Archives and Manuscripts, Binary Trees Paper. Published... But at what cost...?

Archives and Manuscripts, Binary Trees Paper. Published… But at what cost…?

Heads up. This is probably not a comfortable piece for most to read. It’s not OTT. It’s not particularly sensitive. It just touches on some more personal aspects of my work that you may not be to your taste. If that is the case, simply click through to here: for the final article. 

This week marks my second solo published peer-reviewed paper. Binary trees? Automatically identifying the links between born-digital records. I invite everyone to have a read and let me know what you think.

I am afraid to say that my enthusiasm for it is somewhat diminished. But that’s because of the context of the time over which it was written…

  • The 2016 Kaikoura Earthquake. The first of its magnitude I’ve experienced. Metaphorically its ripples were felt long after it ended.
  • Uncertainty over the Archives New Zealand building while it was inspected and then reinforced before Christmas.
  • The most poorly conducted interview I think I have ever been part of.
  • The process of the creation of a new suite of tools to advance the work of the paper even further.
  • An attempt to move cities from Wellington to Christchurch.

Through all of this it’s a miracle the paper was finished and ended up in the journal and I was hoping that this week would feel like a victory but it doesn’t. And that will just have to be okay.

I presented extracts from the paper at the ASA Forging Links Conference last year (2016) – you can see it here:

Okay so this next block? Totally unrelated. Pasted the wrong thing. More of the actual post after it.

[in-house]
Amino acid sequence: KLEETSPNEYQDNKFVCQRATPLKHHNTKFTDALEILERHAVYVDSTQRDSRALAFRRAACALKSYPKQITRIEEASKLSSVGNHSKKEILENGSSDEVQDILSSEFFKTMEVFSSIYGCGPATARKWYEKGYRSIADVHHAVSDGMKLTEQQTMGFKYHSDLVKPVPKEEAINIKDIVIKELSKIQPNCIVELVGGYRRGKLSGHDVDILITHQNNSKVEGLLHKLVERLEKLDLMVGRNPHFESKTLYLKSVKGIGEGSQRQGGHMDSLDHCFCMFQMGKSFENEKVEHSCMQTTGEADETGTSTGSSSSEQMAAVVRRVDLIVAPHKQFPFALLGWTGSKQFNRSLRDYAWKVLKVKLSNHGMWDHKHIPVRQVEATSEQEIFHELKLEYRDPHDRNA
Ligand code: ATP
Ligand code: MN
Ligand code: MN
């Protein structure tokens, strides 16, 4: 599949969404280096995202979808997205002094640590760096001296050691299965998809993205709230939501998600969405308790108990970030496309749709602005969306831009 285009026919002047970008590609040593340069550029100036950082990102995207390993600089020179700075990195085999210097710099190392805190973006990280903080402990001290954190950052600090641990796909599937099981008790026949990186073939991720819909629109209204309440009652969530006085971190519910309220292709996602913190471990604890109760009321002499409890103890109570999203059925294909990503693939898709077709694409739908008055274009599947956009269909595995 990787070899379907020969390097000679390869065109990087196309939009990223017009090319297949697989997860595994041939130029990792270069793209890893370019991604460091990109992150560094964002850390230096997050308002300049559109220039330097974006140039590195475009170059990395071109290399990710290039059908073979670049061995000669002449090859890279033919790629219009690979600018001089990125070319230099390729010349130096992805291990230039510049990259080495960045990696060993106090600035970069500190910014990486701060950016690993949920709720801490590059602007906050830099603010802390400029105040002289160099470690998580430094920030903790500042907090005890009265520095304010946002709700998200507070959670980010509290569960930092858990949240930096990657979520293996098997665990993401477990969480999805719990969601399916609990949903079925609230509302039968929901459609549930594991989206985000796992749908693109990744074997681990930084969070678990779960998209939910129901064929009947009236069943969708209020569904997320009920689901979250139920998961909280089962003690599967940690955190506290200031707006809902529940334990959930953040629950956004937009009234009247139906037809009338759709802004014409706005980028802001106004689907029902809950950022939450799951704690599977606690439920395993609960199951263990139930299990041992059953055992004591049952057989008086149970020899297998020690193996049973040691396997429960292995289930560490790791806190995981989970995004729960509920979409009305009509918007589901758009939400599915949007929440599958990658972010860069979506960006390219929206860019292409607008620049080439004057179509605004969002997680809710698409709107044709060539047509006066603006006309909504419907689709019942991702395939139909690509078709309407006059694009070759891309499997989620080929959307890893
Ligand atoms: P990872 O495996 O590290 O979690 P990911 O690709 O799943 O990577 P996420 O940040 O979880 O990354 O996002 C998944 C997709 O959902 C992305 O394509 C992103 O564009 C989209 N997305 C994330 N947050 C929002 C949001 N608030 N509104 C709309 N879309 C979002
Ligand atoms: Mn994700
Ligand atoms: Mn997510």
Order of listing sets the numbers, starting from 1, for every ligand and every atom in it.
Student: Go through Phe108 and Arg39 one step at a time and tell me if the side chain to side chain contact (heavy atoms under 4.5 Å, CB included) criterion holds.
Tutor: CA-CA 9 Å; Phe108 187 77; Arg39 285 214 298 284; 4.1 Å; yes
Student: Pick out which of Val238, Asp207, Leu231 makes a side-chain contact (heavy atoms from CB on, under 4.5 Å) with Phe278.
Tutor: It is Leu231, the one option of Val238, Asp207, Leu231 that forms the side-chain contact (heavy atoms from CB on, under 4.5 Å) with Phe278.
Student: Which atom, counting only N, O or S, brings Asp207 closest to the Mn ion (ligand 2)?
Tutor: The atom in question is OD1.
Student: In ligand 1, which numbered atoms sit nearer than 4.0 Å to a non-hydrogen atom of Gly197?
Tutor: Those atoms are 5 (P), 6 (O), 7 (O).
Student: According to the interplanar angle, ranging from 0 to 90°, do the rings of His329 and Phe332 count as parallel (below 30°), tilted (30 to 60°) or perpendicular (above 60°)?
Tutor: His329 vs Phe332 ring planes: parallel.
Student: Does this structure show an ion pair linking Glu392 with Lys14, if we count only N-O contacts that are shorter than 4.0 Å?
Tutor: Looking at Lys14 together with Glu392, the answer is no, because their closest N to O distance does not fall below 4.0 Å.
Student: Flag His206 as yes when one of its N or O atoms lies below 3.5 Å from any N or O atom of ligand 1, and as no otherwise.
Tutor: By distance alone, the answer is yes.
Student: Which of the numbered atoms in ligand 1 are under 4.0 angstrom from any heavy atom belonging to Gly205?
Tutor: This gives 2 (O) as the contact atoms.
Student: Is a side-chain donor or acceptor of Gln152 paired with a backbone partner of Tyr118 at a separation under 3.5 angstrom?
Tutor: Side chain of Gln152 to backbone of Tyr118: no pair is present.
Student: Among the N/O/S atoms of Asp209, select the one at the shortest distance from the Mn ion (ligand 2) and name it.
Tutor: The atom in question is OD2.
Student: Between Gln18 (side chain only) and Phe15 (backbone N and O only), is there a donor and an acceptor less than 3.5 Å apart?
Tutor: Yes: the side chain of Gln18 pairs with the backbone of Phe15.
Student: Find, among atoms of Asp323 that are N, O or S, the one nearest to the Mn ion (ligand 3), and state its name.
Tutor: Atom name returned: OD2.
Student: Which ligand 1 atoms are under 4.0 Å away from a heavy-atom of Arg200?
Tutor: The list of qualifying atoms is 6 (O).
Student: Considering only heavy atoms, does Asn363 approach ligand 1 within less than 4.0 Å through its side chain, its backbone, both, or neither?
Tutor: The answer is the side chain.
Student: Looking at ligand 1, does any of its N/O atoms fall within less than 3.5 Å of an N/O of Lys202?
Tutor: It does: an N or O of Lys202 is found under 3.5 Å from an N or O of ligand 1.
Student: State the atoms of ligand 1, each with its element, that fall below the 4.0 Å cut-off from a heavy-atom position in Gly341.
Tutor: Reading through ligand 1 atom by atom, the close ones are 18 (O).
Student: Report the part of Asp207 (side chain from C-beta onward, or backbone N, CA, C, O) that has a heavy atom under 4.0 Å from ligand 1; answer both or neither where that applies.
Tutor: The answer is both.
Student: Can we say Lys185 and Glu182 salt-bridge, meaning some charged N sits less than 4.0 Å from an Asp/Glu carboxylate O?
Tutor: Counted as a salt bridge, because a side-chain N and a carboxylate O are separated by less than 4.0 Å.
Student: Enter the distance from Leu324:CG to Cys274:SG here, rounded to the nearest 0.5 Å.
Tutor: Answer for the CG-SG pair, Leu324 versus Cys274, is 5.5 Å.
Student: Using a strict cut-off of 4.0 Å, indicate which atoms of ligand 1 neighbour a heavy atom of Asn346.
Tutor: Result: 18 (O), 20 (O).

Following that it took a while to take a very rough draft and turn it into something more substantial. It turns out I’m more of a blogger than an academic writer. That being said, with the help of colleagues at work and the superb A&M editors, plus the review comments we managed to get something out there.

But why isn’t it a victory?

Well, in that time I’ve had greater exposure to work inside digital humanities. The field has moved on leaps and bounds since I studied it, and a lot of what I talk about in the paper is covered in their various streams of work – humanists work with content in a way I’m still dreaming about in government. I’ll (probably) explore this more in future. For now, let me just recognize that one of the first, most-likely criticisms of this article will likely be that that it could have covered their work better – I agree!

And the second reason it’s not a victory? Well… inside the piece I quote some of Verne Harris’ work. He’s also the one that mentioned this following quote when he visited our institution two years ago:

“We work in the dark – we do what we can – we give what we have. Our doubt is our passion, and our passion is our task. The rest is the madness of art.” – Henry James

It represents the need to have more than one life to do all of the work we need to do. In this case, I suspect two, and then maybe even three lives, to maybe live a life at the same time?

I did a lot of work. I committed myself to many different streams. Maybe more than I could handle. Everything achieved, and the effort put into achieving it was disproportionate to what was lost along the way. I just don’t think it was worth it.

As this article is published, I find myself reaching a regular lull in my work and in this lull there is the loud echo of increasingly distant memories across the biggest of empty chambers.  An echo for some writing for another time, maybe…

It has been the hardest year and I’ve hated nearly every minute of it and in life there’s no ctrl-z. And that will just have to be okay.

My pithy epilogue? I haven’t got one folks. Just look after each other.